bird counting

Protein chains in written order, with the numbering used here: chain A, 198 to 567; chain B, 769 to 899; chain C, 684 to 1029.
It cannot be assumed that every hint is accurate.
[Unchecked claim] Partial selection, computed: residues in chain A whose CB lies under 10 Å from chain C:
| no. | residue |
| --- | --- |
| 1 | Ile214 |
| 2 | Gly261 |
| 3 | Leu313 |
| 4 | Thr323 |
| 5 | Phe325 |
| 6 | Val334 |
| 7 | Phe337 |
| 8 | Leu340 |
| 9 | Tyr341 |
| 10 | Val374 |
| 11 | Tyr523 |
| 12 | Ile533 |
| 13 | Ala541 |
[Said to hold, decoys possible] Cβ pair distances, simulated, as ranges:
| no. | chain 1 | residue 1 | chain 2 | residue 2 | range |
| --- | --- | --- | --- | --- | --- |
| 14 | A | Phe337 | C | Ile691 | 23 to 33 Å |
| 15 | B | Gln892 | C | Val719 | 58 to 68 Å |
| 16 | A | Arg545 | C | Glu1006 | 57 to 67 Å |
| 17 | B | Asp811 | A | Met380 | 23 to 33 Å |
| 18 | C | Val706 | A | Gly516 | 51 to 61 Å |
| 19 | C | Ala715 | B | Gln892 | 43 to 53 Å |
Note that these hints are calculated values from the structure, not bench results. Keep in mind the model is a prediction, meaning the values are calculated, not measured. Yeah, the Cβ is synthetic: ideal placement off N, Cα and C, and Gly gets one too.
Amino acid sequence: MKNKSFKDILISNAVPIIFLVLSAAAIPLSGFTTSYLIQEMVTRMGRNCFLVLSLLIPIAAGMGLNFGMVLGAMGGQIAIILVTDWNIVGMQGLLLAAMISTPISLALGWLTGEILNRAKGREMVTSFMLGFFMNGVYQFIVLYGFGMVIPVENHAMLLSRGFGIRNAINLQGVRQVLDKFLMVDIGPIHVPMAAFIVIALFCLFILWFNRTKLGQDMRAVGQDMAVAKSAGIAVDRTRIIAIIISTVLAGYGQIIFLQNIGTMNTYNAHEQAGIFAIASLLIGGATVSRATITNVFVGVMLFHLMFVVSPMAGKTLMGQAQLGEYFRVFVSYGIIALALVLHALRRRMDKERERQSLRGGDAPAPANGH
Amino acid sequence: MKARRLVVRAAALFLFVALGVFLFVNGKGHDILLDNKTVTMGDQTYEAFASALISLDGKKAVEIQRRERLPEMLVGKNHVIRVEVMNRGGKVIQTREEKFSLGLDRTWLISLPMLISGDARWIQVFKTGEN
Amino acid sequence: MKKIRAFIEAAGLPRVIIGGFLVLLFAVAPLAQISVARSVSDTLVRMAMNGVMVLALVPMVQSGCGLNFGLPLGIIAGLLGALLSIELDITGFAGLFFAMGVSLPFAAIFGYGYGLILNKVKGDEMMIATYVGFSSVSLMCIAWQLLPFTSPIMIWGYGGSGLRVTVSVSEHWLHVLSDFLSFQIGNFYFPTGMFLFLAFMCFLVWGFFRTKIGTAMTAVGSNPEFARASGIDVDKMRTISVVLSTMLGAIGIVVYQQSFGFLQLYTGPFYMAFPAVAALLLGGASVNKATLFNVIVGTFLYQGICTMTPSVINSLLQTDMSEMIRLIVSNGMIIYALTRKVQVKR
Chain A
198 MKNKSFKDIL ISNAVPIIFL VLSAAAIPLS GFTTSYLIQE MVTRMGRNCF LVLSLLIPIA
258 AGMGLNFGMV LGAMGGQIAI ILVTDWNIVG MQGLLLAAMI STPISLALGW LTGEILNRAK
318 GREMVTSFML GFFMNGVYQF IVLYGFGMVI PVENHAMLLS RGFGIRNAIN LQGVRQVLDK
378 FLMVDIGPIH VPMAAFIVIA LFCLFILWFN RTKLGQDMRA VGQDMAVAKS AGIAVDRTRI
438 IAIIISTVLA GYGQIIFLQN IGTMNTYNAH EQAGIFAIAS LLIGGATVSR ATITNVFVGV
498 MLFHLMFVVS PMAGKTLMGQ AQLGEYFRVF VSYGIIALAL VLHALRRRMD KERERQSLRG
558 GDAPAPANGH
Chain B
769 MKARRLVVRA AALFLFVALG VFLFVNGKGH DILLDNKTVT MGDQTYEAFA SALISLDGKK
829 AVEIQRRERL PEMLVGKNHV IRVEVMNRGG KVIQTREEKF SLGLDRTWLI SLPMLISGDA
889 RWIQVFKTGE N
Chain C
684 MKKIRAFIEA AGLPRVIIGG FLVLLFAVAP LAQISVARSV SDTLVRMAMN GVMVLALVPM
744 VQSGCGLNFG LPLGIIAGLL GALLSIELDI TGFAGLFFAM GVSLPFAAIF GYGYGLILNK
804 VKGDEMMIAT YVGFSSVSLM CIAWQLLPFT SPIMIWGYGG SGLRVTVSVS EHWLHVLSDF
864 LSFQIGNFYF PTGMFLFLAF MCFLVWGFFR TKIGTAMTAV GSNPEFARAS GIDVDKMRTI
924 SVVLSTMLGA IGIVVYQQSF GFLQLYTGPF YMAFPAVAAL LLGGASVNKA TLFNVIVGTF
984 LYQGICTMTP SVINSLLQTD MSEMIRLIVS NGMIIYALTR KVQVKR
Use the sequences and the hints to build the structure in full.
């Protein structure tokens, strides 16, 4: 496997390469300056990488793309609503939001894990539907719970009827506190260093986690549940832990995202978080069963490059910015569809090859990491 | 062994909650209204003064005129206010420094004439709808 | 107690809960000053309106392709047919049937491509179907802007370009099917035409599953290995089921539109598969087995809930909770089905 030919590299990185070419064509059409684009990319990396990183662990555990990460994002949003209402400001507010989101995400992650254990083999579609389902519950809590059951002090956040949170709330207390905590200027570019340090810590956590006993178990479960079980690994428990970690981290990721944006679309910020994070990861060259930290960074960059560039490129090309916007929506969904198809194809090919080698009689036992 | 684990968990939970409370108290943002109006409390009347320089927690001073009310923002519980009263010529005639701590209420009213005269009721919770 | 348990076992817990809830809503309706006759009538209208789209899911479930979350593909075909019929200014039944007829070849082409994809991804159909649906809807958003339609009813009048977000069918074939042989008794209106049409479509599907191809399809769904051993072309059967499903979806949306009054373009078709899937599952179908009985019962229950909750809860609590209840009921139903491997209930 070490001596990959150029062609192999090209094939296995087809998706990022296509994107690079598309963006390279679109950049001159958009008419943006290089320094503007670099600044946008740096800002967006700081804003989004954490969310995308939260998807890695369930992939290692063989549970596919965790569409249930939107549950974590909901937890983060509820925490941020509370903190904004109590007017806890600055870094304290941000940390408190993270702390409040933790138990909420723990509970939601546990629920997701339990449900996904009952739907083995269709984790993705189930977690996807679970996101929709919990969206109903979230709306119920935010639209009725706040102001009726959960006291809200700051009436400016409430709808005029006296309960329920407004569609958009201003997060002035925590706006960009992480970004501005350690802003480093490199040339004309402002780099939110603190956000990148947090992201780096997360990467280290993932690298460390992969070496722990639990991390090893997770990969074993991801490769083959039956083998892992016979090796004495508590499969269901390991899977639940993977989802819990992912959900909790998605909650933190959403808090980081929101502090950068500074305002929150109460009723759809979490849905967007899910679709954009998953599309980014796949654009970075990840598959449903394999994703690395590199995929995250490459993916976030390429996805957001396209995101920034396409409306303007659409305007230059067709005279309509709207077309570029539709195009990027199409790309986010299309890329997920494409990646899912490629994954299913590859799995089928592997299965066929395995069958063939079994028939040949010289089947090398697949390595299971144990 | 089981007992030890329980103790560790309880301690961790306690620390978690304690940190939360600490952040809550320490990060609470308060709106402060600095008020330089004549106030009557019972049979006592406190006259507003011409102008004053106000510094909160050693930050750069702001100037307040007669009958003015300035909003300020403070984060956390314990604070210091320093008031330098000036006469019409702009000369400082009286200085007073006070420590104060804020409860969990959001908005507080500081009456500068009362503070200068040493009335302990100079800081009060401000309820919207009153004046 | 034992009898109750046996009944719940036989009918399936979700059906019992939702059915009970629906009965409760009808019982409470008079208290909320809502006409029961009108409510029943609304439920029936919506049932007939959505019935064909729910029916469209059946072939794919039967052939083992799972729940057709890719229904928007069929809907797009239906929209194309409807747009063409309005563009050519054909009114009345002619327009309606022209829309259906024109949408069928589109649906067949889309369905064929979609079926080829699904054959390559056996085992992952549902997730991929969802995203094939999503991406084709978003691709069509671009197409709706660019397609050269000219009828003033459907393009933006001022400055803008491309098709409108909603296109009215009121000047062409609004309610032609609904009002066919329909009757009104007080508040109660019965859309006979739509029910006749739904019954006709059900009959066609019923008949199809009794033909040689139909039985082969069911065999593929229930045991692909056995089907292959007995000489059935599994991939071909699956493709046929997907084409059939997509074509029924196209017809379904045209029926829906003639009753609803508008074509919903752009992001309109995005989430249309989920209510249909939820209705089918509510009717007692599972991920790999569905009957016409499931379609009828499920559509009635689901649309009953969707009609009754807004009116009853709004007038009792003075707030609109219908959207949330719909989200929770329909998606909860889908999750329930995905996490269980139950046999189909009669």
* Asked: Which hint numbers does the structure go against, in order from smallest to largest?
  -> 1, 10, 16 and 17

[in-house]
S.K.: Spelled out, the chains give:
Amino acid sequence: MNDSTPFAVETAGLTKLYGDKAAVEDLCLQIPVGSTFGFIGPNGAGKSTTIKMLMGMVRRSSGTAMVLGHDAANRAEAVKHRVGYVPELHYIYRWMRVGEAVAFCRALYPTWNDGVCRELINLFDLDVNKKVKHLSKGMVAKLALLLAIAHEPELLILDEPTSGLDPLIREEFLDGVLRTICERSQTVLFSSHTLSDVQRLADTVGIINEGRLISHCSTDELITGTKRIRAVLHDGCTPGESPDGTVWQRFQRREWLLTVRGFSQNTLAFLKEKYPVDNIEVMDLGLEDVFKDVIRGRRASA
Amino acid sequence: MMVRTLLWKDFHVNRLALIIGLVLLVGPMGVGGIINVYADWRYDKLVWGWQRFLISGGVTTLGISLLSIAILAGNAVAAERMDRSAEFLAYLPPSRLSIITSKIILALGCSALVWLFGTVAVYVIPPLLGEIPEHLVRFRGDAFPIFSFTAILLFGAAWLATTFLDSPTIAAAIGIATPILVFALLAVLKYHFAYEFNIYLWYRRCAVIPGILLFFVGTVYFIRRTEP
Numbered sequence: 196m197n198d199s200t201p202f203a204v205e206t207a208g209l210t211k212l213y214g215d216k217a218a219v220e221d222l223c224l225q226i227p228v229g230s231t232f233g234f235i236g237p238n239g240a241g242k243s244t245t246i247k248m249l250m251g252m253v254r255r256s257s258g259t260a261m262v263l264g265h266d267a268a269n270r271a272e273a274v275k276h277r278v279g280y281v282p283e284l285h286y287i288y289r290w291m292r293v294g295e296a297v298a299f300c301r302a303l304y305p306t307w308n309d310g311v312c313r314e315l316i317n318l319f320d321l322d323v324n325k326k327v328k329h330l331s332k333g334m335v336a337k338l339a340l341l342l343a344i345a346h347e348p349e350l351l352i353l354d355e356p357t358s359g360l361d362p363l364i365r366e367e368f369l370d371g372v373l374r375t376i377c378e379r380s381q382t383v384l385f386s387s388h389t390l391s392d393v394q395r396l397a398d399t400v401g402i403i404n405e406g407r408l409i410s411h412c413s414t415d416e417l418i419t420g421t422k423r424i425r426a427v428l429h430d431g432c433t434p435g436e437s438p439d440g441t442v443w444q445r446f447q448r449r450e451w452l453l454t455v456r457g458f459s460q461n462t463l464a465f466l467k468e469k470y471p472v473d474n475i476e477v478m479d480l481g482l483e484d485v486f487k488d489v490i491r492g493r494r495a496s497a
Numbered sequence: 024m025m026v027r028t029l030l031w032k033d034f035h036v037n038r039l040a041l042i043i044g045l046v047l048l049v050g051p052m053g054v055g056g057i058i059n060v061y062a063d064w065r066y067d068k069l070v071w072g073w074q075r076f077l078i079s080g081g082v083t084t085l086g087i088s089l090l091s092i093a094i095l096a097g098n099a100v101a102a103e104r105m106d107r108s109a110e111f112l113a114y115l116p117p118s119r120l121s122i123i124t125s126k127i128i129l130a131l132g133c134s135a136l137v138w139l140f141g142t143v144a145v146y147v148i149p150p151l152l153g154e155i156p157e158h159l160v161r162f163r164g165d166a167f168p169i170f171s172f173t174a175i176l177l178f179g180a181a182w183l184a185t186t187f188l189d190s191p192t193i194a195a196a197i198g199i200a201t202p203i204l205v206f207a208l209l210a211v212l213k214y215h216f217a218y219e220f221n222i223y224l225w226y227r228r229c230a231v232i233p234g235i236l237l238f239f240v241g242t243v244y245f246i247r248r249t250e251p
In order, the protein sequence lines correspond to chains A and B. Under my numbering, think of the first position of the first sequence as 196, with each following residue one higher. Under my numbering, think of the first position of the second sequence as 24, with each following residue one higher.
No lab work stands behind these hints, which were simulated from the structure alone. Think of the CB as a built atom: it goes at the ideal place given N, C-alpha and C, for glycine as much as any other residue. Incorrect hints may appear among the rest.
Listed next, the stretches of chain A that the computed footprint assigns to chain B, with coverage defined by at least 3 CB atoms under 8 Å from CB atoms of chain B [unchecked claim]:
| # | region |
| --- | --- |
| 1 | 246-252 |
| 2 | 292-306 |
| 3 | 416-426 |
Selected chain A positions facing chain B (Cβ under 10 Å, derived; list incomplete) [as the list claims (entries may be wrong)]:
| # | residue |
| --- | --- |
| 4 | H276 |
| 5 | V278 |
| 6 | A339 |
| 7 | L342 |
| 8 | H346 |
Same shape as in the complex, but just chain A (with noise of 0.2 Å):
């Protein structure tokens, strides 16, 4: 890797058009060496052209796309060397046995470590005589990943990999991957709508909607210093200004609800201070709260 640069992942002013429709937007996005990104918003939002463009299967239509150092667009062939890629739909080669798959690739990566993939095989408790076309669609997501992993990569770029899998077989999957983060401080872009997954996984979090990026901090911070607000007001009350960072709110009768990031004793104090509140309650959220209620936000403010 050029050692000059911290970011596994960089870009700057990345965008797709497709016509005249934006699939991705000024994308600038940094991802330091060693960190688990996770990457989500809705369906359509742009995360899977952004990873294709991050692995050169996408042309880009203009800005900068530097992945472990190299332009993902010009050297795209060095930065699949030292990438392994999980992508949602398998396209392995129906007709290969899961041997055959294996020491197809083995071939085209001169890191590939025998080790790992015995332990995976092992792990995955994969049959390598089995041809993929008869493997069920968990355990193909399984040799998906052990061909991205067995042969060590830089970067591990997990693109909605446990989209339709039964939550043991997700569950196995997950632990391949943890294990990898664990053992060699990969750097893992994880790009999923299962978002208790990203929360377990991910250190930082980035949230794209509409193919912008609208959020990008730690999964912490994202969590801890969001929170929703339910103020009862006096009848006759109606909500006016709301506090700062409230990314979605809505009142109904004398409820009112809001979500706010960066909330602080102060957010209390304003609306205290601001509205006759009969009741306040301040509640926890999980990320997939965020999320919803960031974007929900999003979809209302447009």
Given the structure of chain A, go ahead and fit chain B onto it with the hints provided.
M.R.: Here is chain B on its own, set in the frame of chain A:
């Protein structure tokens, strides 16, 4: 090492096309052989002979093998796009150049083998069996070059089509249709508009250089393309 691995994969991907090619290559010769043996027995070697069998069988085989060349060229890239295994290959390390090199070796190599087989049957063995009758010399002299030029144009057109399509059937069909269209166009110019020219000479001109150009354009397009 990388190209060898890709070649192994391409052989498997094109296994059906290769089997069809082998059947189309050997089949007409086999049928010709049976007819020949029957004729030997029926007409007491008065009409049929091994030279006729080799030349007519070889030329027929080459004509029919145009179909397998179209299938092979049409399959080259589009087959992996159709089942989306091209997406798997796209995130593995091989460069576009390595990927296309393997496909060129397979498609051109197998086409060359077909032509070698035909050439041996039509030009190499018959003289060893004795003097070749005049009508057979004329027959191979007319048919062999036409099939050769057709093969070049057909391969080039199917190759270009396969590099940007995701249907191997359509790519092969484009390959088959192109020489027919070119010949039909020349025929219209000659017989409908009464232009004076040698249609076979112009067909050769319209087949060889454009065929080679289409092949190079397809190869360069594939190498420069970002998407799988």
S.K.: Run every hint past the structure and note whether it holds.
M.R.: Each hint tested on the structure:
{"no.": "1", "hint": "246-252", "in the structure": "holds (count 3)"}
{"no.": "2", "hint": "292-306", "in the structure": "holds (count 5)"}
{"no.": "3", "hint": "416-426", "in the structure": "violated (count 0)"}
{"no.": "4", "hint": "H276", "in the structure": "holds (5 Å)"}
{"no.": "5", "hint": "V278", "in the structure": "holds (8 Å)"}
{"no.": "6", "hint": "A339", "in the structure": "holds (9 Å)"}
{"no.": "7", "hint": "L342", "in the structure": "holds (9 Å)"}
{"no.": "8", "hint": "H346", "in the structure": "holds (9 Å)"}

To Count a Mockingbird ... Local bird lovers take stock of Whistler's birds By Andrew Mitchell If a group of men and women with binoculars should appear in the woods behind your house on the morning of Dec. 21 hooting and whistling, don't flatter yourself. It's a group of local bird watchers, conducting their annual Audubon Society Christmas bird census. Last year, seven participating groups counted some 3,130 birds, representative of 48 different species, while snowshoeing through local forests, cross-country-skiing along valley trails, skiing down Whistler and Blackcomb mountains and sitting at the window watching the feeder. For Whistler bird watchers, it was a banner year. According to Karl Ricker, the organizer of this years' event, "last year's record count for species just might beat out Banff, and most certainly Aspen, and if our lakes do not freeze over completely we have a fighting chance of doing so again." More than 42,000 bird watchers across North America took part in the last annual bird count, collecting data that allows the Audubon Society to track resident bird populations, monitor changes, and to keep an eye out for any species that may be at risk. "The reason we do our count during the winter is that the migrant birds have gone, which gives us a clearer view of the resident bird populations," says Mike Thompson, the birding co-ordinator for the new Whistler Naturalists Society and a long-time Christmas bird count participant. "Believe me, it isn't the thrill or joy of waking up early and working outside all day when it's 30 below." Although Whistler is only a small part of the census, its proximity to a wide variety of habitats, including the ocean, boreal forests, wetlands and mountains, means that the valley is home to a wide variety of birds — many of which are rare or endangered. "We're right in the middle of the Pacific Flyway," says Ricker. "The Whistler valley bottom is home to numerous indigenous bird fauna, such as ground nesting birds and songbirds, which we are interested in protecting. "Every year we turn up something that's unusual. Last year it was a group of mallard ducks that would usually have migrated south months before. A few years ago, we spotted a Virginia Rail. It was a very exciting find, not just for us, but it was also one of the highlights in the Audubon summary. When you find something rare in nature at Christmas time, it's very exciting. It blows your mind." According to Ricker, local bird-watchers, Audubon members and environmentalists are only beginning to get a handle on Whistler's bird populations. When enough local data is collected, the group will use that data to lobby for habitat conservation, especially where wetlands are concerned. "With all the development, something will come up." This year marks the 100th year of the Christmas Bird Count, which was started in 1899 by Audubon Society founder Frank Chapman, a prominent ornithologist from Boston. The society, which is named after John James Audubon, a naturalist and wildlife painter, was created after a group of citizens united to voice their outrage against the slaughter of herons and egrets, whose feathers were used to decorate women’s hats. It's goal is to promote the conservation of birds, other wildlife and their habitats. In past years, the Audubon Society has been a powerful lobby for wildlife protection and habitat conservation across North and South America, and has been credited with pulling a number of species back from the brink of extinction. "Some birds are particularly sensitive to the environment," says Ricker. "The Blue Heron was a bird in trouble until it was discovered that their eggs weren't hatching properly because of chemicals in their water system. In this way we can use Blue Heron populations as a warning sign." "It's nice to see birds of prey making a comeback, for example," says Thompson. "Thanks to the elimination of many chemicals and DDT, various peregrines and raptors are moving down the endangered list." For the purposes of the count, local birders and volunteers will be divided into seven parties: the West Side Road Party, the Whistler Creek Party, the White Gold Party, the Emerald to Soo Valley Party, the Village and Benchlands Party, the Blackcomb Ski Party and the Whistler Mountain Ski Party. In addition, there will be an early morning Owling Party, from 5 to 7 a.m., that will be led by Ricker. "I'm going to try out my owl calls, and see if I can't get some kind of response from the forest," says Ricker. "If that doesn't work, I have a tape of owl calls. I'll put in the tape deck of my car, open the doors and crank the volume." Last year, the group spotted a Great Horned Owl and Northern Pygmy Owl using these techniques, both of which were firsts for the Whistler group. If you are interested in lending your eyes and ears to help in this years' census, or if you have a bird feeder and little free time on Dec. 21, call Mike Thompson at 932-5010. Experienced birders are also needed to lead two of the valley parties.

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